Roman Influence On Western Civilization

1000 Words4 Pages
Western civilization is the name of a modern or contemporary society that includes Western Europe and North America. The influence of ancient cultures, which mainly are Greek and Roman are known to have a great role in the civilization’s appearance. It has been in place for centuries. During its existence, it moved from a kingdom to an Oligarchic Republic then to an expanding Autocratic Empire. Roman civilization grew to dominate Southwestern Europe, Southeastern Europe and the Mediterranean area through capture and assimilation. The Roman greatness was known by their eagerness to hear other peoples ideas for their benefits. As an example, their architecture, technology, city planning, art and military planning are all the result of other…show more content…
In accesssion to their own contribution to the civilization, they brought the Greek ideas down to earth modifying them and spreading them throughout the western world. In fact without Roman triumph, Greek ideas would not have reached the west. If the Roman sense of social accountability to temper the individualism of Hellenistic Greece wouldn’t have existed, classical culture could have died without having any influence on the western world. Therefore we agree without doubt that the Roman Empire had an colossal influence on western…show more content…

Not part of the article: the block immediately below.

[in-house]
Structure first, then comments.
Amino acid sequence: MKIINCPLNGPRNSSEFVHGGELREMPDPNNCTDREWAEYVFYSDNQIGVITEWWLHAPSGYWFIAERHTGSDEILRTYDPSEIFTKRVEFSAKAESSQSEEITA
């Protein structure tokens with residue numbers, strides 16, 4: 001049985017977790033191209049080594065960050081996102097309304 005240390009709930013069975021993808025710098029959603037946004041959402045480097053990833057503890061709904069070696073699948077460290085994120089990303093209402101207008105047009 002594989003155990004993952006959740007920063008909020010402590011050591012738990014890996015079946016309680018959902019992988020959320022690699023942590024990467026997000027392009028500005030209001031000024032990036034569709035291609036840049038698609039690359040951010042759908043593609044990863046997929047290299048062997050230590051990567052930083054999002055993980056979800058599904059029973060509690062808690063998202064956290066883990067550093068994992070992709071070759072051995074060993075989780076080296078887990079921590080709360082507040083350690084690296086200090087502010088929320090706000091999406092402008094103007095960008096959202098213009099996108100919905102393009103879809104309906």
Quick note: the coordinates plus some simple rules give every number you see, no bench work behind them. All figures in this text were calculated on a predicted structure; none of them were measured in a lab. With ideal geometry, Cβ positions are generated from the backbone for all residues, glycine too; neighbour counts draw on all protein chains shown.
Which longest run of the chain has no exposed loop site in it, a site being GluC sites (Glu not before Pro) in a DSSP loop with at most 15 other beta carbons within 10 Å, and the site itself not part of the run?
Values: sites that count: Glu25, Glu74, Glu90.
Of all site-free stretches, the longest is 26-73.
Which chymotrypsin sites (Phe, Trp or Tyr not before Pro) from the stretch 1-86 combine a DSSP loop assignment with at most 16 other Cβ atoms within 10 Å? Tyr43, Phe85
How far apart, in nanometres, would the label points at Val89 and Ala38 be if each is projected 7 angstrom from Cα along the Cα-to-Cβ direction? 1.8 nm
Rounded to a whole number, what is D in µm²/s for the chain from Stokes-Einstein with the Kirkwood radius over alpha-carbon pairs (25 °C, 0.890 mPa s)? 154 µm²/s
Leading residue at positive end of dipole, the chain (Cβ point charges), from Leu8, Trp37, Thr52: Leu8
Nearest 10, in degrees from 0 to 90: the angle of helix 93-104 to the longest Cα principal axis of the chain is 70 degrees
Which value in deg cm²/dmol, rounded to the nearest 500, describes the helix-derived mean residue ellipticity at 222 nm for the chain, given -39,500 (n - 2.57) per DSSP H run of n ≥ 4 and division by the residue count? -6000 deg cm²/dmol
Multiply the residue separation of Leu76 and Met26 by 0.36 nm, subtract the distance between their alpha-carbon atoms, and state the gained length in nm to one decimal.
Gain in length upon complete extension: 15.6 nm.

Historical opinion is divided as to the reasons for the Fall of Rome, but the societal collapse encompassed both the gradual disintegration of the political, economic, military, and other social institutions of Rome as well as the barbarian invasions of Western Europe. In England, several Germanic tribes invaded, including the Angles and Saxons. In Gaul (modern-day France, Belgium and parts of Switzerland) and Germania Inferior (The Netherlands), the Franks settled, in Iberia the Visigoths invaded and Italy was conquered by the Ostrogoths. To conclude,the slow decline of the Western Empire occurred over a period of roughly three centuries, culminating in 476, when Romulus Augustus, the last Emperor of the Western Roman Empire, was deposed by Odoacer, a Germanic chieftain. Some modern historians question the significance of this date, and not simply because Julius Nepos, the legitimate emperor recognized by the East Roman Empire, continued to live in Salona, Dalmatia, until he was assassinated in 480. More importantly, the Ostrogoths who succeeded considered themselves upholders of the direct line of Roman traditions and,according to the historian Edward
Open Document